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Federal Circuit Patent Bulletin: Stryker Corp. v. Zimmer, Inc.
“Objective recklessness will not be found where the accused infringer’s ‘position is susceptible to a reasonable conclusion of no infringement.’”
On December 19, 2014, in Stryker Corp. v. Zimmer, Inc., the U.S. Court of Appeals for the Federal Circuit (Prost,* Newman, Hughes) affirmed-in-part, reversed-in-part, vacated-in-part, and remanded the district court’s judgment, inter alia, that Zimmer willfully infringed U.S. Patents No. 6,022,329, No. 6,179,807, and No. 7,144,383, which related to pulsed lavage devices that deliver pressurized irrigation for certain medical therapies including orthopedic procedures and cleaning wounds, and that these patents were not invalid. The Federal Circuit stated:
To establish willful infringement, the patentee has the burden of showing “by clear and convincing evidence that the infringer acted despite an objectively high likelihood that its actions constituted infringement of a valid patent.” “The state of mind of the accused infringer is not relevant to this objective inquiry.” Only if the patentee establishes this “threshold objective standard” does the inquiry then move on to whether “this objectively-defined risk (determined by the record developed in the infringement proceeding) was either known or so obvious that it should have been known to the accused infringer.” We have held that objective recklessness, even though “predicated on underlying mixed questions of law and fact, is best decided by the judge as a question of law subject to de novo review.” Objective recklessness will not be found where the accused infringer’s “position is susceptible to a reasonable conclusion of no infringement.”
The district court failed to undertake an objective assessment of Zimmer’s specific defenses to Stryker’s claims. Instead, the district court’s analysis of objective reasonableness summarily asserted that the “jury heard testimony” that Zimmer “all but instructed its design team to copy Stryker’s products.” The district court further concluded that the “pioneering” nature of Stryker’s inventions and the secondary considerations of non-obviousness “made it dramatically less likely that Zimmer’s invalidity arguments were reasonable.”
An objective assessment of the case shows that Zimmer presented reasonable defenses to all of the asserted claims of Stryker’s patents. First, with respect to the ’329 patent, the motor in the Zimmer’s Pulsavac Plus is located in the nub at the rear of the barrel of its pistol-shaped device. Stryker’s infringement case relied on first persuading the district court to broadly construe the claim term “handle” to include the barrel of a pistol-shaped device—even though the patent specification only describes the handle and barrel separately. Then, Stryker had to persuade the jury that the barrel nub was a part of the device “designed to be held by hand,” even in light of prosecution history in which Stryker distinguished between the location of the motor in the handle as opposed to the barrel. Though Stryker ultimately prevailed, Zimmer’s arguments were not unreasonably founded on the plain meaning of “handle” in the context of a pistol-shaped device, the specification’s exclusive disclosure of pistol-shaped devices, and the prosecution history—all on which it could have relied to provide notice of what the patent claims covered.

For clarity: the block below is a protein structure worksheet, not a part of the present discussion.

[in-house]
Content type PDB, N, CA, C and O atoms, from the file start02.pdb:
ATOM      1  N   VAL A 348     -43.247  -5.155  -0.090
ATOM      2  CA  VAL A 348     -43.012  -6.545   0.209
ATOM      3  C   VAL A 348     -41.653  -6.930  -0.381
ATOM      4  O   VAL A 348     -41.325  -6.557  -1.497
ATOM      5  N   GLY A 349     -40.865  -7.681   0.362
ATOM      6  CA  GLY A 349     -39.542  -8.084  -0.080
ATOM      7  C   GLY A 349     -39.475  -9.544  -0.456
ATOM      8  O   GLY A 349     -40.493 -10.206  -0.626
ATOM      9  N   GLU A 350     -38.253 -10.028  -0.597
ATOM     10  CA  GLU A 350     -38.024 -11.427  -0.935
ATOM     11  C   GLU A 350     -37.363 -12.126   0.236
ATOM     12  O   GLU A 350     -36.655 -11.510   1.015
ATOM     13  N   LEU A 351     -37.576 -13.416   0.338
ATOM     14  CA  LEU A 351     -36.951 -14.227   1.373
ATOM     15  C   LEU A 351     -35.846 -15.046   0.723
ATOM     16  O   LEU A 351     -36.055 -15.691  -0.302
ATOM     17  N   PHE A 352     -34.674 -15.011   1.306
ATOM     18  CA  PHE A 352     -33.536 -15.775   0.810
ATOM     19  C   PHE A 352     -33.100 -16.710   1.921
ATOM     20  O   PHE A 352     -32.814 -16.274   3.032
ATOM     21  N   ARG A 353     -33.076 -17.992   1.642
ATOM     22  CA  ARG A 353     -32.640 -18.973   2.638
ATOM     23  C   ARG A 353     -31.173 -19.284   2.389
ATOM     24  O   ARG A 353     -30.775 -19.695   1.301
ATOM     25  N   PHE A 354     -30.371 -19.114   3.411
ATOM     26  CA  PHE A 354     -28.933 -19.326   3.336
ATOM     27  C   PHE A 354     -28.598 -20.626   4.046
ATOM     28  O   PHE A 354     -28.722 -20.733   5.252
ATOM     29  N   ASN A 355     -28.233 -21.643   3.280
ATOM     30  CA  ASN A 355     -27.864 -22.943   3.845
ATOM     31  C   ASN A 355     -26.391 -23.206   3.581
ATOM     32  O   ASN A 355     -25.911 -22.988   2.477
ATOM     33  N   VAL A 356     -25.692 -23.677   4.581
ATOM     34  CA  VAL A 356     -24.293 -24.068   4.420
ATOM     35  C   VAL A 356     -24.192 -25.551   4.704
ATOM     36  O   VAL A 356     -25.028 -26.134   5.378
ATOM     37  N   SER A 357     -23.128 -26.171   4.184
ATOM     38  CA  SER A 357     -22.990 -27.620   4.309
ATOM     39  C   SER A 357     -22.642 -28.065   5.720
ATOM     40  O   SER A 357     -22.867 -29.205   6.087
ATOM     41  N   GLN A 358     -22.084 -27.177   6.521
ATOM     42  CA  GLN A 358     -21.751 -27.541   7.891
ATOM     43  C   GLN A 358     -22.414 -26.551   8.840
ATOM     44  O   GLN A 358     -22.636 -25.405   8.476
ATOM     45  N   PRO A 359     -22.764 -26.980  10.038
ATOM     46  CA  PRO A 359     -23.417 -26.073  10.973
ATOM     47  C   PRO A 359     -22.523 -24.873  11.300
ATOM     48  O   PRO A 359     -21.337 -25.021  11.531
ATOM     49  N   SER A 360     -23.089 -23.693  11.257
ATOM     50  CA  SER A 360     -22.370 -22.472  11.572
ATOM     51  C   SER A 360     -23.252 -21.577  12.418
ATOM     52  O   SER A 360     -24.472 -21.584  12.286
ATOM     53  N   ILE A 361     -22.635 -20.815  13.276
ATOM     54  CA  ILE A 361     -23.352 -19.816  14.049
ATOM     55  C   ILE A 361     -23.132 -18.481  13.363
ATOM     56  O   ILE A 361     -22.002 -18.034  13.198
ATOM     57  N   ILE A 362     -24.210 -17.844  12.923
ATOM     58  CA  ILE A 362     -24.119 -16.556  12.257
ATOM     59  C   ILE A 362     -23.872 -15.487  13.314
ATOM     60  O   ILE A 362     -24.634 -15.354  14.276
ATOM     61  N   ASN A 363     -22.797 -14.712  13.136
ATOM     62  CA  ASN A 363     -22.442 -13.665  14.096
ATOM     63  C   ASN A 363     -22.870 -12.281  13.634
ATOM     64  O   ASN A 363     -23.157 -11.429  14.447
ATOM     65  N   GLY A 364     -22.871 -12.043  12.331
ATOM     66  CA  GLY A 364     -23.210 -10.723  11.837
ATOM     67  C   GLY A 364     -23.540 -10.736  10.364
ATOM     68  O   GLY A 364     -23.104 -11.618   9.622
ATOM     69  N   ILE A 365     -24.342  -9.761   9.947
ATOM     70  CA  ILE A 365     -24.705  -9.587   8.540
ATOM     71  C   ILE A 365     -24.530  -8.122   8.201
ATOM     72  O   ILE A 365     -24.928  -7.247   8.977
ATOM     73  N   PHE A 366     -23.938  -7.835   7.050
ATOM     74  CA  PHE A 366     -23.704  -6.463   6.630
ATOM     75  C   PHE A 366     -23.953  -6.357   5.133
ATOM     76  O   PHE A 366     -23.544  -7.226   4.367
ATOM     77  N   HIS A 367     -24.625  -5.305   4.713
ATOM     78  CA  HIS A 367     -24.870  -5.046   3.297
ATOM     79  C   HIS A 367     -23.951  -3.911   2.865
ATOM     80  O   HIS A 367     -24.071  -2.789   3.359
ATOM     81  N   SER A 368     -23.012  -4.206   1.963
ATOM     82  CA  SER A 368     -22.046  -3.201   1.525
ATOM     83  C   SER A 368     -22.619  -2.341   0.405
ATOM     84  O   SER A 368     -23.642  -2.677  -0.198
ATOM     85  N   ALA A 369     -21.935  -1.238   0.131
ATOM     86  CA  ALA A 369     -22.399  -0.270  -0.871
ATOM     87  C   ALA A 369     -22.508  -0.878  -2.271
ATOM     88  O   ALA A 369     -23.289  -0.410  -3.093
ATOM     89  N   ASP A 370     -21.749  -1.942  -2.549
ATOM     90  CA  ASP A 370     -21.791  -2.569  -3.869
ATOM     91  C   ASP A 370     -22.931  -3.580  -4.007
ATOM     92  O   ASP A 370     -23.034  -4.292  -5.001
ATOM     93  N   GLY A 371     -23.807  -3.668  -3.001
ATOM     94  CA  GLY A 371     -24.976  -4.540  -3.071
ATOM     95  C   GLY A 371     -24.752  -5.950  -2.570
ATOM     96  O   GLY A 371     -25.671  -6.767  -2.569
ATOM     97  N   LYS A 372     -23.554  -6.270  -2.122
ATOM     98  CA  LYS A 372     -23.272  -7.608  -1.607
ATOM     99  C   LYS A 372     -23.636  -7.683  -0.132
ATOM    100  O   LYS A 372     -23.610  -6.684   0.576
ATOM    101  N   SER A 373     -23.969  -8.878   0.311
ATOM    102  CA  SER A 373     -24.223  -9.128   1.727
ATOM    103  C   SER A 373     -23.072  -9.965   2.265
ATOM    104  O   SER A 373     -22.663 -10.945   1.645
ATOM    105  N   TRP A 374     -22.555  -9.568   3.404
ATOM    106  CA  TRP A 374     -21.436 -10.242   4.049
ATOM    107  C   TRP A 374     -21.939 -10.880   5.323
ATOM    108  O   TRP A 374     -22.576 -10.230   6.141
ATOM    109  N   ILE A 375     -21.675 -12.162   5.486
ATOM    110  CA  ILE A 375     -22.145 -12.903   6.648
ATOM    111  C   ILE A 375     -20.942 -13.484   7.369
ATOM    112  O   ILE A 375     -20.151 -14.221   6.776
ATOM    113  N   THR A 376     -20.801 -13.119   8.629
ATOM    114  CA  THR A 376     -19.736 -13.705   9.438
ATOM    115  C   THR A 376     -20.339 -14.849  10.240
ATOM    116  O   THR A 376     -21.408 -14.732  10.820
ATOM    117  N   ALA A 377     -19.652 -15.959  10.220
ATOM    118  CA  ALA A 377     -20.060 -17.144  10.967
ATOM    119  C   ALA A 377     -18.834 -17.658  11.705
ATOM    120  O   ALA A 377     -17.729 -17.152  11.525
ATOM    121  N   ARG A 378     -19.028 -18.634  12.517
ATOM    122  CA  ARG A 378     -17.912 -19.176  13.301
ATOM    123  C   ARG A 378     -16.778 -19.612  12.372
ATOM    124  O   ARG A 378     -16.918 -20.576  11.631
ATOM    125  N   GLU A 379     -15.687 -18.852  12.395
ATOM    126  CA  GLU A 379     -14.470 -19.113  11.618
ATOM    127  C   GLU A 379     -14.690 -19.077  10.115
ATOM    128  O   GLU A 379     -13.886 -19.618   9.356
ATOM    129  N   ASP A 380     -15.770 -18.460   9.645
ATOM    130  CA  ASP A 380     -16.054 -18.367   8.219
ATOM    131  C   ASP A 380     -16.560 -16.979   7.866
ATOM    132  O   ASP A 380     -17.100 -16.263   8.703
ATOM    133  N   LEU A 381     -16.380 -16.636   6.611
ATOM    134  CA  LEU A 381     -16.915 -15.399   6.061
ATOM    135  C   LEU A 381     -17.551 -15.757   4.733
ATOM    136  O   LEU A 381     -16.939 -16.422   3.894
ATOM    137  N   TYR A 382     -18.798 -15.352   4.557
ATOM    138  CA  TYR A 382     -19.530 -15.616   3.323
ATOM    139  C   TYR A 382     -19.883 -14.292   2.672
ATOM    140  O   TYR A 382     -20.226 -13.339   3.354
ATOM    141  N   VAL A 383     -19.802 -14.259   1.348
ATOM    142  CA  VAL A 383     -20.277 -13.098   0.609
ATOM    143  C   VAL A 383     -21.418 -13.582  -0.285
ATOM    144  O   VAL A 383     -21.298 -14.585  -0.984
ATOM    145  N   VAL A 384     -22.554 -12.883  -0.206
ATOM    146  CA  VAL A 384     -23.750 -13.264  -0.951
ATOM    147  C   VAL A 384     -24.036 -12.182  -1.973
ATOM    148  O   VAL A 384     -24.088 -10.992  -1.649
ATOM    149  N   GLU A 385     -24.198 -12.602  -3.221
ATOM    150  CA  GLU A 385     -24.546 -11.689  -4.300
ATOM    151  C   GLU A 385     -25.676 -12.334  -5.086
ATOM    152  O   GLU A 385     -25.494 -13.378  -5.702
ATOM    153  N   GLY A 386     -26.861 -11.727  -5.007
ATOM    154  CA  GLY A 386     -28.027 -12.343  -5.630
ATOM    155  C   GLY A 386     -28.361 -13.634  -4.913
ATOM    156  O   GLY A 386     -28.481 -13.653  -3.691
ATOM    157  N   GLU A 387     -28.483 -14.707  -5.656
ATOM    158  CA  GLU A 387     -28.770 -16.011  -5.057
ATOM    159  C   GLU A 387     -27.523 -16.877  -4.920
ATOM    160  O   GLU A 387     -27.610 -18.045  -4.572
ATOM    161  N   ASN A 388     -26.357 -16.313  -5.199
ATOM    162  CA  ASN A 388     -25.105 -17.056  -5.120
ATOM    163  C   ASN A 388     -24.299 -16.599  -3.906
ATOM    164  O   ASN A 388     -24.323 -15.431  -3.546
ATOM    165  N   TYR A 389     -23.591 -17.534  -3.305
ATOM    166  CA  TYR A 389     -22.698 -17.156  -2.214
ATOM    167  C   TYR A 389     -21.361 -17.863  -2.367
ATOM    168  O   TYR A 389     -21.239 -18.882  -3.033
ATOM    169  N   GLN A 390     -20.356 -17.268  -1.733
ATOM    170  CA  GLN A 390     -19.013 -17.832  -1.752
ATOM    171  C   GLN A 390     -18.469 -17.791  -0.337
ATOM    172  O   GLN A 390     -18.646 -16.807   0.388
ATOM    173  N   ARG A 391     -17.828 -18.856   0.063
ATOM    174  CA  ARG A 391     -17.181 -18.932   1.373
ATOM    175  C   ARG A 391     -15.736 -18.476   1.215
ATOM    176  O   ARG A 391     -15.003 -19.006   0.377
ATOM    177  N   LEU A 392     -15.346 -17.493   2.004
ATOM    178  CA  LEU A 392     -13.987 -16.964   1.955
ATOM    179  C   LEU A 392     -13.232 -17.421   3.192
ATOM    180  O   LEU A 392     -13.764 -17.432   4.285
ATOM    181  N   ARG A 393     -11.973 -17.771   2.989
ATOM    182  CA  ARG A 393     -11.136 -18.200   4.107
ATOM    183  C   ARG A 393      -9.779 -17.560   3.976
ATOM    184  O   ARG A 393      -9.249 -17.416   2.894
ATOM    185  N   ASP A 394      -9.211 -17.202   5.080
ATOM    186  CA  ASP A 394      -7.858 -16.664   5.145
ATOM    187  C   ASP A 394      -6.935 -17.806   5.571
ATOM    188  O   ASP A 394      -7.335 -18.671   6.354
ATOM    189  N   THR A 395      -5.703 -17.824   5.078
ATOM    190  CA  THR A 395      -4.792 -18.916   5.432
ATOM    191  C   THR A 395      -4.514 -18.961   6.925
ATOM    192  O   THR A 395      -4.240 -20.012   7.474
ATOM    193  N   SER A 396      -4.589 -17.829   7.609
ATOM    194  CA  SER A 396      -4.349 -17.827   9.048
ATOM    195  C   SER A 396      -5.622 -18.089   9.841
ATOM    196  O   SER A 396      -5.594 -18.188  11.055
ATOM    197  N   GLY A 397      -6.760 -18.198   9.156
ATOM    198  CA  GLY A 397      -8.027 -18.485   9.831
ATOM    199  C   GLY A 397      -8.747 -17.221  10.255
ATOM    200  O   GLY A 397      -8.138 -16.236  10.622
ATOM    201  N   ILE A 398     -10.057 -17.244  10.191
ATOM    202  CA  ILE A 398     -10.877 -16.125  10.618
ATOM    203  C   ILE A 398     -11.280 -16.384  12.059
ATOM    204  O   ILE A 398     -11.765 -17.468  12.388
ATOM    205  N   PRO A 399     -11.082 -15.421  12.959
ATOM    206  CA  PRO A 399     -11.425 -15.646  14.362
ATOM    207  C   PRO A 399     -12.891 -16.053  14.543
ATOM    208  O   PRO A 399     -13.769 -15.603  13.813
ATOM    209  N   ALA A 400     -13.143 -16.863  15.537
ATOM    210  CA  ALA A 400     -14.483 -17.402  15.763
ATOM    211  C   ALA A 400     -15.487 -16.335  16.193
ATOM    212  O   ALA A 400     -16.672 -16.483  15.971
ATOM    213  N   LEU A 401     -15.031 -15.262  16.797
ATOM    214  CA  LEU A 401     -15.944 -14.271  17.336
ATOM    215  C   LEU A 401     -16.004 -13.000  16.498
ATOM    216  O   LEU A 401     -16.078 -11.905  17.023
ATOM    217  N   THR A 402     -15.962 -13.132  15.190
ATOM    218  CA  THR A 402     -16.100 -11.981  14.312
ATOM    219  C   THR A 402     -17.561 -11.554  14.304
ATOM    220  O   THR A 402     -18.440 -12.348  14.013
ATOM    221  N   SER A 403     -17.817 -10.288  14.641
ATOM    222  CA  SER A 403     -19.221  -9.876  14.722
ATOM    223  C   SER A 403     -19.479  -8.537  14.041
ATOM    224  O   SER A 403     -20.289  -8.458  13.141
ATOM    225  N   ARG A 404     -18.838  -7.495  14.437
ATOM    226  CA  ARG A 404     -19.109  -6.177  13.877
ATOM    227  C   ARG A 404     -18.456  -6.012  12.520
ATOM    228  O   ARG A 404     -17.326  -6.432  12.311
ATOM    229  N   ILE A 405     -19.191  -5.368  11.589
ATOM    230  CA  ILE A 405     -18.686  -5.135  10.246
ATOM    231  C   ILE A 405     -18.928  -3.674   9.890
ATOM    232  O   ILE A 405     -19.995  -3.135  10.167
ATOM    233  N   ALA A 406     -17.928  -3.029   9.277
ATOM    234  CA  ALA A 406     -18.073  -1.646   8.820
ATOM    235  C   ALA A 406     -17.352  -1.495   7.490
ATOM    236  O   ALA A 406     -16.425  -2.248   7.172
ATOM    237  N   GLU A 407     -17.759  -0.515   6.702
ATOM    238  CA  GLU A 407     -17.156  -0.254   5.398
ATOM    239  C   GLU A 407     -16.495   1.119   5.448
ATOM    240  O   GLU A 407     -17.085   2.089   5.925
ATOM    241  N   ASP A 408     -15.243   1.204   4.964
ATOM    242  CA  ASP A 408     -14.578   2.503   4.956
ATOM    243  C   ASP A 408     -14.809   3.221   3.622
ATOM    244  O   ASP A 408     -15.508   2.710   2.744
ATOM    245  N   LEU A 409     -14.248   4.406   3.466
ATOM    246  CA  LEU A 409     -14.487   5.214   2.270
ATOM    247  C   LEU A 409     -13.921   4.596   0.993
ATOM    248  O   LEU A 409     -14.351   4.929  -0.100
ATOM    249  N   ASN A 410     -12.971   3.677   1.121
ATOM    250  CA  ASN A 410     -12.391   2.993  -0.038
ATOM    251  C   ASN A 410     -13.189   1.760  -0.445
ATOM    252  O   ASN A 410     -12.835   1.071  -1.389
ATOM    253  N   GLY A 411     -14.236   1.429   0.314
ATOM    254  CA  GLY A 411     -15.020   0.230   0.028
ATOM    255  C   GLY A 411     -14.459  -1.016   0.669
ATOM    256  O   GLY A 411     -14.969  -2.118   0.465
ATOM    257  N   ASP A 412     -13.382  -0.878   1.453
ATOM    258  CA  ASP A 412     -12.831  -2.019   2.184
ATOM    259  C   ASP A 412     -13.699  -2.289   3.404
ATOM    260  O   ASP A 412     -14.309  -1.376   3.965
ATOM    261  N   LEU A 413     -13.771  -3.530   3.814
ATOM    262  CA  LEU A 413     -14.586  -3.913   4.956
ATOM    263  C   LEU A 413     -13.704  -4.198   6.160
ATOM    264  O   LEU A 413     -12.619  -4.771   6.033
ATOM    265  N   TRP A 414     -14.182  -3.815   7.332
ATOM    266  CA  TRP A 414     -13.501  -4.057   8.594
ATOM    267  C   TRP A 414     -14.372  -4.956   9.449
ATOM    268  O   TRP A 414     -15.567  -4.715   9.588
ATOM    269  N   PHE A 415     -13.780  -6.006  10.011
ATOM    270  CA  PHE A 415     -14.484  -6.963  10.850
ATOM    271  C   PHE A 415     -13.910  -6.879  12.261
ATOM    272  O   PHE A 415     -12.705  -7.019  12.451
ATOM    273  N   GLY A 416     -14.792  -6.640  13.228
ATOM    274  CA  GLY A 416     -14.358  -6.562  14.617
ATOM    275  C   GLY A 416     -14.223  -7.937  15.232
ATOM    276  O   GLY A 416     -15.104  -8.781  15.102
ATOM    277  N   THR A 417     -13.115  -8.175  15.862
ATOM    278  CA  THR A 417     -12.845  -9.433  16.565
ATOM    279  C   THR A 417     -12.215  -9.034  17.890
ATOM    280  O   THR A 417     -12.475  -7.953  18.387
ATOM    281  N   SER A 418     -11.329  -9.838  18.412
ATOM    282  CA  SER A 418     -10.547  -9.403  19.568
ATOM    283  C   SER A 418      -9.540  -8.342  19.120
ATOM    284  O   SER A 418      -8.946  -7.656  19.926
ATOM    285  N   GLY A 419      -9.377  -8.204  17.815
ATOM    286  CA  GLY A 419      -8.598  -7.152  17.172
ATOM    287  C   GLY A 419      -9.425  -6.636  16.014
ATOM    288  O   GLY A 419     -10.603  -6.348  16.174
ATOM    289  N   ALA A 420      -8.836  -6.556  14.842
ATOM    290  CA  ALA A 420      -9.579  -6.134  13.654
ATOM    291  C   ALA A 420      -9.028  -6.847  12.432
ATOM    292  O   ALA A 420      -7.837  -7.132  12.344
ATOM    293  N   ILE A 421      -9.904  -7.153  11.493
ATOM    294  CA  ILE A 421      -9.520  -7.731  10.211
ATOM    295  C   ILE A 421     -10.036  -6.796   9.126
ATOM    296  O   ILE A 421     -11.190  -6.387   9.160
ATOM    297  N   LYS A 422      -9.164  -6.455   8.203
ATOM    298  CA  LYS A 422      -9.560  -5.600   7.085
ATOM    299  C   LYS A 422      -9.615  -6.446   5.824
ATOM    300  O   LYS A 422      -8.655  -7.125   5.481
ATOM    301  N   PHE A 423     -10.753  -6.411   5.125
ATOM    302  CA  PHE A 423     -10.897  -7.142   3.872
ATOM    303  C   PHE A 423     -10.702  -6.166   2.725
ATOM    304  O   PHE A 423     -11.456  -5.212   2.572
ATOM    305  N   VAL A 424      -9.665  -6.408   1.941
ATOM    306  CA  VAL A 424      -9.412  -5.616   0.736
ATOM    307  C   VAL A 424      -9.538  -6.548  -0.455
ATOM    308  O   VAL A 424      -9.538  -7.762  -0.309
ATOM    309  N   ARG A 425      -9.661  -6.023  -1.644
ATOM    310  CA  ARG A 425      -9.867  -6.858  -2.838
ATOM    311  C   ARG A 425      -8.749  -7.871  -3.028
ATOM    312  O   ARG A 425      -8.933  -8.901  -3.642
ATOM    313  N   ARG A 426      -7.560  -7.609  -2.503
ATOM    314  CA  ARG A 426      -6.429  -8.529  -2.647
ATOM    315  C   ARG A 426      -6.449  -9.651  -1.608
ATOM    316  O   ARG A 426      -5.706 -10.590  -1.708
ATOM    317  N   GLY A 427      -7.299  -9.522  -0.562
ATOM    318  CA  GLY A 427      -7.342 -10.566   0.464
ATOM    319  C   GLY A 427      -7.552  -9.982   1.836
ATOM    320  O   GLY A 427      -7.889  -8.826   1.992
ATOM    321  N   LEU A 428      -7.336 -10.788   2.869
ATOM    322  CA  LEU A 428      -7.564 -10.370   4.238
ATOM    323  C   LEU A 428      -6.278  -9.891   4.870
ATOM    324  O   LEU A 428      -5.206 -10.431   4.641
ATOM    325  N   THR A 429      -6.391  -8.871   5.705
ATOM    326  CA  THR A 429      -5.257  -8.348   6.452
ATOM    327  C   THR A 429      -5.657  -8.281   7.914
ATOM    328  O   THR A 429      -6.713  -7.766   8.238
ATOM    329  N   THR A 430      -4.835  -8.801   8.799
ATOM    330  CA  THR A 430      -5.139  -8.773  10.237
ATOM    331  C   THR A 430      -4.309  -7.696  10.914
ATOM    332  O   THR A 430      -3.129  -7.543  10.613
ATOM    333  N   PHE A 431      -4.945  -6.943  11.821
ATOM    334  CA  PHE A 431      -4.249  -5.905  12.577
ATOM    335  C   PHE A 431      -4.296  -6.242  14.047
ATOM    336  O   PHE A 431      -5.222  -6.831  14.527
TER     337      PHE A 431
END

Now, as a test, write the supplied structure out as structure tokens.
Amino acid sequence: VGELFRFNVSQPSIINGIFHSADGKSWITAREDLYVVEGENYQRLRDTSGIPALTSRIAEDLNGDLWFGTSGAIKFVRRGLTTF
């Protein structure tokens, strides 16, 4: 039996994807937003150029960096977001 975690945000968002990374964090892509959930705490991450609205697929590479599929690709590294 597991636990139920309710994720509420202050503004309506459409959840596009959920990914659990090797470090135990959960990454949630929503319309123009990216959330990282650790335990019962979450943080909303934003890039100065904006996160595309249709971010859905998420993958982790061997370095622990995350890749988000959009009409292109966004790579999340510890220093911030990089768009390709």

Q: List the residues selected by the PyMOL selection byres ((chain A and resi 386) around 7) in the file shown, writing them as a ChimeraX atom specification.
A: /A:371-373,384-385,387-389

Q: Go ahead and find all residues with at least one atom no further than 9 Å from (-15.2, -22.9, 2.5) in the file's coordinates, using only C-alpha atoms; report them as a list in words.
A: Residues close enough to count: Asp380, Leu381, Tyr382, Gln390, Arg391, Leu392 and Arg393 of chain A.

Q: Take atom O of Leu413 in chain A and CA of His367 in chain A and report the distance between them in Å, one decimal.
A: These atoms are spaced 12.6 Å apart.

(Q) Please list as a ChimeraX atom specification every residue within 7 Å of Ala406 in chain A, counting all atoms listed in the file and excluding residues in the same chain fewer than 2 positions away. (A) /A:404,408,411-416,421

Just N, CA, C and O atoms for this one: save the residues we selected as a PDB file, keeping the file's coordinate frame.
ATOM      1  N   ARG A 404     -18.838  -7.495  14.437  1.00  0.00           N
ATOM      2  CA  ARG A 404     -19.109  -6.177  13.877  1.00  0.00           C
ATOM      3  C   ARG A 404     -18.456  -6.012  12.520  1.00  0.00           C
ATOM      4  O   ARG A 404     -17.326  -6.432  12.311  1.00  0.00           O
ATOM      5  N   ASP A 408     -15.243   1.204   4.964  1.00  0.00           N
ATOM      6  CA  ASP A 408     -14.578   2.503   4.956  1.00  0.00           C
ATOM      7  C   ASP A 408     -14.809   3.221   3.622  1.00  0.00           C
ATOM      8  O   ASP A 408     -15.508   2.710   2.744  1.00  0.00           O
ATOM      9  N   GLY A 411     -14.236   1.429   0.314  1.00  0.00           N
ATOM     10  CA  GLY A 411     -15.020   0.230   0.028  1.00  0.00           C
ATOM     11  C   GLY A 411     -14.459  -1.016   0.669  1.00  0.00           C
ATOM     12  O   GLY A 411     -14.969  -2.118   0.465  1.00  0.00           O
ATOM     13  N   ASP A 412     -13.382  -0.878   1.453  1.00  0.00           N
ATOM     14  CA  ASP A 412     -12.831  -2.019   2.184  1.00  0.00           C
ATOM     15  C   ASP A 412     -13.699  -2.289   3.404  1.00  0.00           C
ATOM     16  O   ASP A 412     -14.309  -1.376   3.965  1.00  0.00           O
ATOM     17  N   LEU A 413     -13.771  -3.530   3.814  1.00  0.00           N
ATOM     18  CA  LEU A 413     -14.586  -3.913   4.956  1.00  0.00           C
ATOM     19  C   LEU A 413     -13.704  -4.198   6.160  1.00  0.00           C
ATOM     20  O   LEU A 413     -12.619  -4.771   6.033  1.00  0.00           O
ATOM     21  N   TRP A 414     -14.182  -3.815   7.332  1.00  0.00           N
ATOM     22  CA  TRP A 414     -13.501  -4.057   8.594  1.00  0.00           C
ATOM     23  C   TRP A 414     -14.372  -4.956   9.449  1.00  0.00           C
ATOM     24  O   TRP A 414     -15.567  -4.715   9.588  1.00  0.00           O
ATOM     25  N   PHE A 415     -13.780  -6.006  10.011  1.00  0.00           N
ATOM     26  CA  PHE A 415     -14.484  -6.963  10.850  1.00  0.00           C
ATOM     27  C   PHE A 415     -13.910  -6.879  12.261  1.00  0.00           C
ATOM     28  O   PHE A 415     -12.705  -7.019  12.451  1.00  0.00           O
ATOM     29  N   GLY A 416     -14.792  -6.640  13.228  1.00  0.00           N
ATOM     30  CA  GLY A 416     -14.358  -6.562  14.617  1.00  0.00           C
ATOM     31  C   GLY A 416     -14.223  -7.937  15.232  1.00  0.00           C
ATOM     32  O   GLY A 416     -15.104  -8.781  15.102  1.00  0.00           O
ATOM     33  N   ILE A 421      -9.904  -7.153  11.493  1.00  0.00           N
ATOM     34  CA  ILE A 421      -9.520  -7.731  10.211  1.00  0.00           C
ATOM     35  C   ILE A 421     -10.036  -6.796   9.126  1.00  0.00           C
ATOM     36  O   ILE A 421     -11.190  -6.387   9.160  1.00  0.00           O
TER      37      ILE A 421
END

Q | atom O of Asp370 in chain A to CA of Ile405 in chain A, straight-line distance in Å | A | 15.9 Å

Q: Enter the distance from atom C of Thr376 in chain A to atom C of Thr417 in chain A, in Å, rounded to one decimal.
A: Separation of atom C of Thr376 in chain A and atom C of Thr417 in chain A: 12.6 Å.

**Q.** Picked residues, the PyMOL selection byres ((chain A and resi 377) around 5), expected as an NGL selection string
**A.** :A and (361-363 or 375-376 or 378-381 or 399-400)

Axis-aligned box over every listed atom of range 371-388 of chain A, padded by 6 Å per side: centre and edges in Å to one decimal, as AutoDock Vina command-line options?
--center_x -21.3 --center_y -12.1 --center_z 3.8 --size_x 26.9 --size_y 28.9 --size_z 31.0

Second, with respect to the ’807 patent, the specification only disclosed female nozzles on the front end of the device and male nozzles on the removable tip, which would be consistent with the claim requiring that the front end “receive” the tip. Zimmer’s devices had the exact opposite configuration: tapered male nozzles on the front end and female nozzles on the tip. Furthermore, the prior art Var-A-Pulse devices included all of the asserted claims’ limitations except one. In light of the district court’s claim construction, Stryker’s defense to Zimmer’s argument relied on persuading the jury that even though the tip’s nozzles could fit into the handpiece and be held in place through friction with internal housing grooves, that did not mean they were “secured or fastened.” Again, though Stryker prevailed, Zimmer’s defenses were not unreasonable.
Third, with respect to the ’383 patent, Zimmer’s obviousness argument relied on a combination of references that was also raised by a PTO examiner during Stryker’s prosecution of a related patent application—in an office action that occurred during discovery in this litigation. Zimmer’s reliance on this combination was not without reason, in particular since the references related to pressured water irrigation systems used in hospitals and clinics. Therefore, even if Zimmer’s defenses failed at trial, it still made a reasonable case that the ’383 patent’s asserted claims were obvious and thus invalid. In sum, we find that Zimmer’s defenses to the infringement of each patent claim that Stryker asserted were not objectively unreasonable, and, therefore, it did not act recklessly.
As the court reversed the district court’s determination of willful infringement, and the district court’s award of attorneys’ fees was based on that determination, we vacate the district court’s grant of attorneys’ fees. However, because there exist further allegations of litigation misconduct in this case and because the standard for finding an exceptional case has changed since the district court issued its finding regarding attorneys’ fees, we remand this issue for further consideration by the district court.